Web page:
The etymology of the word is obscure. It may have been introduced to Middle Scots through the Auld Alliance. In 1604 the custom was mentioned in the Elgin Records as hagmonay. The most satisfactory explanation is a derivation from the Northern French dialect word hoguinané, or variants such as hoginane, hoginono and hoguinettes, those being derived from 16th century Old French aguillanneuf meaning either a gift given at New Year, a children's cry for such a gift, or New Year's Eve itself. The second element would appear to be l'an neuf i.e. the New Year.
The roots of Hogmanay perhaps reach back to the celebration of the winter solstice among the Norse, as well as incorporating customs from the Gaelic New Year's celebration of Samhain. In Rome, winter solstice evolved into the ancient celebration of Saturnalia where people celebrated completely free of restraint and inhibition. The Vikings celebrated Yule, which later contributed to the Twelve Days of Christmas, or the "Daft Days" as they were sometimes called in Scotland. The winter festival went underground with the Protestant Reformation and ensuing years, but re-emerged near the end of the 17th century.
There are many customs, both national and local, associated with Hogmanay. The most widespread national custom is the practice of 'first-footing' which starts immediately after midnight. This involves being the first person to cross the threshold of a friend or neighbour and often involves the giving of symbolic gifts such as salt, coal, shortbread, whisky, and black bun (a rich fruit cake) intended to bring different kinds of luck to the householder. Food and drink are then given to the guests. This may go on throughout the early hours of the morning and well into the next day. The first-foot is supposed to set the luck for the rest of the year.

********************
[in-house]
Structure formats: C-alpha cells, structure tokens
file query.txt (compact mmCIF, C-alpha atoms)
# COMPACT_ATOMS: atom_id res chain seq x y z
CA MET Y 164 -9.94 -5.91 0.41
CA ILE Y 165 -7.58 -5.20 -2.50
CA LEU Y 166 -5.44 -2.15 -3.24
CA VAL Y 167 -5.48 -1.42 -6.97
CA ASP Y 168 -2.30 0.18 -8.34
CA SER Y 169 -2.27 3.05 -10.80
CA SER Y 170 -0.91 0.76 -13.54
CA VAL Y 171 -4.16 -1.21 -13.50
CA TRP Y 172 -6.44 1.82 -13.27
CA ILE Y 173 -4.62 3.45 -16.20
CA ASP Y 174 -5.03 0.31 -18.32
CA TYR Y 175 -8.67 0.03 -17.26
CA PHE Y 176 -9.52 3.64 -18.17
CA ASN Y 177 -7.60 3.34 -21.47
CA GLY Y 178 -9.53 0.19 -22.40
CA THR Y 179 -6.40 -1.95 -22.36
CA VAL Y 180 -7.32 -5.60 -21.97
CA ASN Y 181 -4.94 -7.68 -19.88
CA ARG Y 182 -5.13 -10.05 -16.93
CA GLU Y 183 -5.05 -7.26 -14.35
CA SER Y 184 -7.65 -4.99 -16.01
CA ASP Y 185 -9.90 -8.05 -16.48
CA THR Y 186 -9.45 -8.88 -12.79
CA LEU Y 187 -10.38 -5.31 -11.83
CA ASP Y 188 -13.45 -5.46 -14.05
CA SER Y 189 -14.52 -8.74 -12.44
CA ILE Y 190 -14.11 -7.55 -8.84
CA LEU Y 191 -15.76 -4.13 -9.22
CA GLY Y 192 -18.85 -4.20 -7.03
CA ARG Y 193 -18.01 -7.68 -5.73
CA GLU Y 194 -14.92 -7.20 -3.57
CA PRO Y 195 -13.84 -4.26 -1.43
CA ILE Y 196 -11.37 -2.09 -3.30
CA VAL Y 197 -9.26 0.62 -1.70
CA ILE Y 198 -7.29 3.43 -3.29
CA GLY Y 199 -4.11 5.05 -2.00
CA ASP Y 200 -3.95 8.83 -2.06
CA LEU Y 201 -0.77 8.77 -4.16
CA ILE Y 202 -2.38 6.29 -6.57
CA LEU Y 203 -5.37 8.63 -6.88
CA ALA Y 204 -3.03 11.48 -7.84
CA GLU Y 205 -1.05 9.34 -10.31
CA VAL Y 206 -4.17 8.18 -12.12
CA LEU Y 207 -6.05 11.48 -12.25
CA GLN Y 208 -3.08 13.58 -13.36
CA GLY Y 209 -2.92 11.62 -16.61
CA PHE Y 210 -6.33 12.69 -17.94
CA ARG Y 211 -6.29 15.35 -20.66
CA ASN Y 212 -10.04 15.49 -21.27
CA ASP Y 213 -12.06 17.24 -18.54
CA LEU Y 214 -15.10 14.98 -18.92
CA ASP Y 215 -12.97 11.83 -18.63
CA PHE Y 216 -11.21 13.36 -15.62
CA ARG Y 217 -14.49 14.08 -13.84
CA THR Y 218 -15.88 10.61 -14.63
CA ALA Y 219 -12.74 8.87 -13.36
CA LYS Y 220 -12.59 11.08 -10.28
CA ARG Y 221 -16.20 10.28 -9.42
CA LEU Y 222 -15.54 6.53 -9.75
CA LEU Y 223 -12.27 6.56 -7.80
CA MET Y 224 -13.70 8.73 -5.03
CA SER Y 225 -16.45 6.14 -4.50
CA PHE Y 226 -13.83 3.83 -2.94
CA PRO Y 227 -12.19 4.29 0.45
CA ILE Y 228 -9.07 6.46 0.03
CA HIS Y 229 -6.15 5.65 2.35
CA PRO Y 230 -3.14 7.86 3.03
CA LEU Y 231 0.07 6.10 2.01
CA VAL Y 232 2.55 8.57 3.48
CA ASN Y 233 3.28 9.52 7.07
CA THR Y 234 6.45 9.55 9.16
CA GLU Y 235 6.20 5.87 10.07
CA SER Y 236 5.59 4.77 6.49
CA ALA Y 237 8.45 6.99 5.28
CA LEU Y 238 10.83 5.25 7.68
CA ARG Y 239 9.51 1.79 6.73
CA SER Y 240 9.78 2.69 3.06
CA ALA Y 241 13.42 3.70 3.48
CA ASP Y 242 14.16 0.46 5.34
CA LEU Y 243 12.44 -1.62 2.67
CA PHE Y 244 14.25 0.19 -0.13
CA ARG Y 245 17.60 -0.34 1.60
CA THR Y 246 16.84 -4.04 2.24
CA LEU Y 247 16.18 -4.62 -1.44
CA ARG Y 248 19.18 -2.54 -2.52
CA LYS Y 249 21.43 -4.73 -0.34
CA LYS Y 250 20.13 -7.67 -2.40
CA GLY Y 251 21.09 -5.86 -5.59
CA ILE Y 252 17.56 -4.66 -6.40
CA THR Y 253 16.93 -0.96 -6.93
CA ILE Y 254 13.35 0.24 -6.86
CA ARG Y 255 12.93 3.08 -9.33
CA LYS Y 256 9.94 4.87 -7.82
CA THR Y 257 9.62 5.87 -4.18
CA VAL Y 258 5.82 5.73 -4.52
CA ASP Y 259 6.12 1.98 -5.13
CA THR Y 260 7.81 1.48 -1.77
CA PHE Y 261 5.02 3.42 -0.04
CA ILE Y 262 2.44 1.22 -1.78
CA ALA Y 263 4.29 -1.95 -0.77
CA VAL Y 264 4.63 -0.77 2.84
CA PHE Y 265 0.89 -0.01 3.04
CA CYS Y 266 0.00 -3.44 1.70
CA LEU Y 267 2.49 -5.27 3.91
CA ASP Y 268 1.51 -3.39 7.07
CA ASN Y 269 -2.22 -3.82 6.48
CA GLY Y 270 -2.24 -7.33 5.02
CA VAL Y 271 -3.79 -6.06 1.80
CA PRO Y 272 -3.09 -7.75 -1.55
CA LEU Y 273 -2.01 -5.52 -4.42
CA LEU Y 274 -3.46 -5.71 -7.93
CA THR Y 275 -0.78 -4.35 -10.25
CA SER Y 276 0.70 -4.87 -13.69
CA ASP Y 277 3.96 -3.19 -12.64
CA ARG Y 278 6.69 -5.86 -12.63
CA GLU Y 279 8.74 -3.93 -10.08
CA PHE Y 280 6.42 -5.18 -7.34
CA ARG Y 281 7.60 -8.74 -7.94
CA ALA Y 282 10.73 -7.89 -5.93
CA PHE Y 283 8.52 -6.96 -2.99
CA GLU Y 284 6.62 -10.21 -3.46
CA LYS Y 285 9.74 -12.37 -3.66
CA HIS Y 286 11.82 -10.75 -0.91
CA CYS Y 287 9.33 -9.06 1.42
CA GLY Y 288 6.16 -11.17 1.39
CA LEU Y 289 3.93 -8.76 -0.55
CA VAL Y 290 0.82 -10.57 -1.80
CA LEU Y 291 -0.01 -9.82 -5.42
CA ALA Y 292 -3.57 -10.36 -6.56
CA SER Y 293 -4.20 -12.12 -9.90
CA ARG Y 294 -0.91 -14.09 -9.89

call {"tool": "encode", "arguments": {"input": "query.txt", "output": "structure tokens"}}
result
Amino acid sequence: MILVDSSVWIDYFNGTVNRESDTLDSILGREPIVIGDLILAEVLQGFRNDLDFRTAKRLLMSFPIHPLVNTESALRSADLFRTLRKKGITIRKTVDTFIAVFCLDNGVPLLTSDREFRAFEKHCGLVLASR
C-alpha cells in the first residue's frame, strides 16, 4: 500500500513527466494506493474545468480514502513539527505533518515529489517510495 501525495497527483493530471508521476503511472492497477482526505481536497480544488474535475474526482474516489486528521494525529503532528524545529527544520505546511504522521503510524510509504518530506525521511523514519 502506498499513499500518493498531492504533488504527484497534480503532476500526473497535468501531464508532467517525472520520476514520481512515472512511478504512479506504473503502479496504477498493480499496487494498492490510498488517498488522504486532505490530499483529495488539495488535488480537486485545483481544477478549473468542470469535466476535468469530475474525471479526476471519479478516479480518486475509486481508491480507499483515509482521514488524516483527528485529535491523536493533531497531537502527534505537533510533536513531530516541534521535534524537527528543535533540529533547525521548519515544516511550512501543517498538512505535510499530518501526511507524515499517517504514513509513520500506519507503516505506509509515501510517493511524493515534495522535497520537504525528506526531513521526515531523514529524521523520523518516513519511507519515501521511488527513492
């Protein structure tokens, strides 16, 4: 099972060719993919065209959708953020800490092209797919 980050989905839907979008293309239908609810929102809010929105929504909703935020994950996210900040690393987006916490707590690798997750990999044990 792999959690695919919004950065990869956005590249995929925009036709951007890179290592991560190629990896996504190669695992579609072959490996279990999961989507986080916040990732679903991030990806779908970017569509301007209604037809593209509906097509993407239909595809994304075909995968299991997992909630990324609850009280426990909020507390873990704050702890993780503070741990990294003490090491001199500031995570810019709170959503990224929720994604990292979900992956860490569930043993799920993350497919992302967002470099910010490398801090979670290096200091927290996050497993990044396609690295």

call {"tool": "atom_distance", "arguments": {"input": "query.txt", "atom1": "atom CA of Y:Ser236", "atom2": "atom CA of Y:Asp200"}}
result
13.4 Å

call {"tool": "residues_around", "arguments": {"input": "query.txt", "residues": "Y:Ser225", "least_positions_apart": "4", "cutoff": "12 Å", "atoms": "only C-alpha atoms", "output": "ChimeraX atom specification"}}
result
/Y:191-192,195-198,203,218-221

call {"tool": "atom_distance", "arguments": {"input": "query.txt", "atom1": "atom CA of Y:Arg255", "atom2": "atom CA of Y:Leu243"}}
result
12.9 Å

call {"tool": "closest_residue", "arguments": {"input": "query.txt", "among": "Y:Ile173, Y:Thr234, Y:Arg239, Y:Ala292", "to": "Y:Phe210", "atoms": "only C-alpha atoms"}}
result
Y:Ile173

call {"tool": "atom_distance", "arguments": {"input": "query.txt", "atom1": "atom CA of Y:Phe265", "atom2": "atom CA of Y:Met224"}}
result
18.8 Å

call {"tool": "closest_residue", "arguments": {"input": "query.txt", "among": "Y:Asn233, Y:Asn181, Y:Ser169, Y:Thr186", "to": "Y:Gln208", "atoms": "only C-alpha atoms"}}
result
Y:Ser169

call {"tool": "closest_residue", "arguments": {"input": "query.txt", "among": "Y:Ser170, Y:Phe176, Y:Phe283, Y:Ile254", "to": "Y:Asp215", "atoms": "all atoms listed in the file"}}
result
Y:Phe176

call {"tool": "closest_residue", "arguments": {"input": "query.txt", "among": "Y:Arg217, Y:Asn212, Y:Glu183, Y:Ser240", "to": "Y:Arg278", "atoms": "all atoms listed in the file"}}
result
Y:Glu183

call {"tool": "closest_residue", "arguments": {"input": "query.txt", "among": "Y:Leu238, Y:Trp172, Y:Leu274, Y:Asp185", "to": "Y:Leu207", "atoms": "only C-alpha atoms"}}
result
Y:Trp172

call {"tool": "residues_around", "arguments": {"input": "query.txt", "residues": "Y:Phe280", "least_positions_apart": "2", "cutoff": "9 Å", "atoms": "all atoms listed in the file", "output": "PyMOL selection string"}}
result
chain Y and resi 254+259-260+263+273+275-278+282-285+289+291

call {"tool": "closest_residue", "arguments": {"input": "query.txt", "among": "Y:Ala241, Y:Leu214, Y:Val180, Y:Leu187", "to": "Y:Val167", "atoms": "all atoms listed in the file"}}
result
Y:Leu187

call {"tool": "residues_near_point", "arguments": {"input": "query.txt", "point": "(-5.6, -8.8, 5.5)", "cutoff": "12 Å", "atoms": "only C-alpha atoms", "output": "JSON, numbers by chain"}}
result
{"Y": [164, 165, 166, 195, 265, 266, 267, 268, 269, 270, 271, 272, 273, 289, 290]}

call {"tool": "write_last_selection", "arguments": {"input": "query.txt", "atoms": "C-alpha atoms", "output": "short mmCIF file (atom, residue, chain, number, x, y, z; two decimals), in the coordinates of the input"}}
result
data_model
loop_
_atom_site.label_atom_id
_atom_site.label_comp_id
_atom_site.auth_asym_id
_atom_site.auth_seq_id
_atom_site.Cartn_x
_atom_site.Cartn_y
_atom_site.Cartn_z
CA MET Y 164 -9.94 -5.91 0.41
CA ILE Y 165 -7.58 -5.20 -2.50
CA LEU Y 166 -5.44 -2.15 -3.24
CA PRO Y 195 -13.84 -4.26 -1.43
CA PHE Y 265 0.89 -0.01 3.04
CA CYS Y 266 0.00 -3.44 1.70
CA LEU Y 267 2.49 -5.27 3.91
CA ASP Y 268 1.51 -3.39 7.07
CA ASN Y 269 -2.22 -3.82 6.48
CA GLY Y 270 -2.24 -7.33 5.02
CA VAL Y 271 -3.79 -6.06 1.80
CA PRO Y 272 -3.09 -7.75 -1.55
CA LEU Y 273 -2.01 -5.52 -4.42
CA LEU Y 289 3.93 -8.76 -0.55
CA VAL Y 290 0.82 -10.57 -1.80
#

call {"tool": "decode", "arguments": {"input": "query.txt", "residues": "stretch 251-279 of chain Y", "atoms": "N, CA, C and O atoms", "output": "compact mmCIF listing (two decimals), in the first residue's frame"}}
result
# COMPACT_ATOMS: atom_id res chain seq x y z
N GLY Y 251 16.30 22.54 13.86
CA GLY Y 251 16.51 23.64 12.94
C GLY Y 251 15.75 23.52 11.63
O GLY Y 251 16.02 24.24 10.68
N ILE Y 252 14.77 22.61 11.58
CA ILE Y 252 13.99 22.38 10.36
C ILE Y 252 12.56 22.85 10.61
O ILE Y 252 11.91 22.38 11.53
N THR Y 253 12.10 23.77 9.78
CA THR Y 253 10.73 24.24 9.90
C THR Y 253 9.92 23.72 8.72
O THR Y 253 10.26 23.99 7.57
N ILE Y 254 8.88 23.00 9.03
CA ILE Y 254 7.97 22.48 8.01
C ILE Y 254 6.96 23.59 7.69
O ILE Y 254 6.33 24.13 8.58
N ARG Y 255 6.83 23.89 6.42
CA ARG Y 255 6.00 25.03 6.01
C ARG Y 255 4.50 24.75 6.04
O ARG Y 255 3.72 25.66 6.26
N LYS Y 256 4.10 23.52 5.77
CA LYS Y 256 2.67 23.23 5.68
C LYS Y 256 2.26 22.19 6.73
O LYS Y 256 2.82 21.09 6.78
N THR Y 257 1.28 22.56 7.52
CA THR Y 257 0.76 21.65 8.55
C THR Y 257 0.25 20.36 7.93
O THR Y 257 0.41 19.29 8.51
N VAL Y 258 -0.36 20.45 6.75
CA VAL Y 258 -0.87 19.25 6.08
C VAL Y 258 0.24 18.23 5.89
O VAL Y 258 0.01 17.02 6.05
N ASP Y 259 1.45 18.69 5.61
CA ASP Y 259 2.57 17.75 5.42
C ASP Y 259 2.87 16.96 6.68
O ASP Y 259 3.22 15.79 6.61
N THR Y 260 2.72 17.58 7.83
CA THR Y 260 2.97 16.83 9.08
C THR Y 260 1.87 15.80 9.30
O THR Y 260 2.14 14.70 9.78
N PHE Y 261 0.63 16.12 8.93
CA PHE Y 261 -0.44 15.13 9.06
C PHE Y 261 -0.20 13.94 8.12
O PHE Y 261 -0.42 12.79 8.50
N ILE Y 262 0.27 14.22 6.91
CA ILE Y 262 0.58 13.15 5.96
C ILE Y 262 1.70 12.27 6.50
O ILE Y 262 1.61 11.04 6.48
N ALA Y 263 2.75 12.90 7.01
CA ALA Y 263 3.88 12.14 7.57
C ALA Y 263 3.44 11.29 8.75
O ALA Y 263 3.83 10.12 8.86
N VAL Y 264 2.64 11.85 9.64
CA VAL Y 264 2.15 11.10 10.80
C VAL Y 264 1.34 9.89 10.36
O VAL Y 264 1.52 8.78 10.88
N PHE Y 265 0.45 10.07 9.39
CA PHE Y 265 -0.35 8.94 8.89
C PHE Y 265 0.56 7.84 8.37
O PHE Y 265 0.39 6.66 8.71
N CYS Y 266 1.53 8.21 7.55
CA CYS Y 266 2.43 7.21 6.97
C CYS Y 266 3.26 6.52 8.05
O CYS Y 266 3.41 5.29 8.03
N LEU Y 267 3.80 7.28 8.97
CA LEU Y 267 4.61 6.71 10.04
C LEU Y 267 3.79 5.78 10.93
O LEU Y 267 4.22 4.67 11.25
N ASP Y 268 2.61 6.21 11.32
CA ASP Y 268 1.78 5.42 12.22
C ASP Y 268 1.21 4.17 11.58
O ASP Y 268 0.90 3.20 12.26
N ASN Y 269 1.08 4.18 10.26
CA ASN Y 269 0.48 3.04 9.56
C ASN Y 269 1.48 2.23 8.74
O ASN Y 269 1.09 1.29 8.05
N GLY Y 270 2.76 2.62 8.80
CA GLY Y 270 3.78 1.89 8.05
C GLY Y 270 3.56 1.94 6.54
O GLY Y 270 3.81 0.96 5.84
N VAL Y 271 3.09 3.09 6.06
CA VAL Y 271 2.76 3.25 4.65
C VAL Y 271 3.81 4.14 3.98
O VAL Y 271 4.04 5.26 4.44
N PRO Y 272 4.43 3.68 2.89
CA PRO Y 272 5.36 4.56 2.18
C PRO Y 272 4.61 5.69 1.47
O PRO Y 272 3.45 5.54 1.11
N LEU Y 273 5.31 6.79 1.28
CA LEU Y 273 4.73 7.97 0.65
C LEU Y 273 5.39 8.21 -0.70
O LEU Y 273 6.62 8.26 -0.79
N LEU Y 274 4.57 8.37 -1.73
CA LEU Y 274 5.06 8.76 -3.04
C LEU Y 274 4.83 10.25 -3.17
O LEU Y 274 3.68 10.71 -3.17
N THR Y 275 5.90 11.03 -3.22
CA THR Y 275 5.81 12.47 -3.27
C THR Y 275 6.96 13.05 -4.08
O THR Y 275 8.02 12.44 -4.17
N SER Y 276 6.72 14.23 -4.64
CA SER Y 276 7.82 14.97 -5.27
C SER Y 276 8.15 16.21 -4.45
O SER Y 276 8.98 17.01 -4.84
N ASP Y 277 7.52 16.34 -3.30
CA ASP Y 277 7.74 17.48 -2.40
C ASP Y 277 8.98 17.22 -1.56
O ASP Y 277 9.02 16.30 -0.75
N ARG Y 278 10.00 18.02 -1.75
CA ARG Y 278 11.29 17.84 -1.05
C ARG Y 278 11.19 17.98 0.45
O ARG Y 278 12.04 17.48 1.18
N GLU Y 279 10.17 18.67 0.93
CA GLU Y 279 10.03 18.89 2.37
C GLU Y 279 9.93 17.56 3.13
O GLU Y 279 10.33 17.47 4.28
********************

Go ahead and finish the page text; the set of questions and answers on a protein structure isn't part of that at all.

The Hogmanay custom of singing "Auld Lang Syne" has become common in many countries. "Auld Lang Syne" is a traditional poem reinterpreted by Robert Burns, which was later set to music. It is now common for this to be sung in a circle of linked arms that are crossed over one another as the clock strikes midnight for New Year's Day, although it is only intended that participants link arms at the beginning of the final verse, coordinating with the lines of the song which contain the lyrics to do so. Typically it is only in Scotland this practice is carried out correctly.
When Ne'erday falls on a Sunday, January 3rd becomes an additional public holiday in Scotland; when Ne'erday falls on a Saturday, both January 3rd and January 4th will be public holidays in Scotland; when Ne'erday falls on a Friday, January 4th becomes an additional public holiday in Scotland.
Historically, presents were given in Scotland on the first Monday of the New Year. This would be celebrated often by the employer giving his staff presents and parents giving children presents. Handsel Day is marked by teachers giving gifts to their students. A roast dinner would be eaten to celebrate the festival. Handsel was a word for gift box and hence Handsel Day.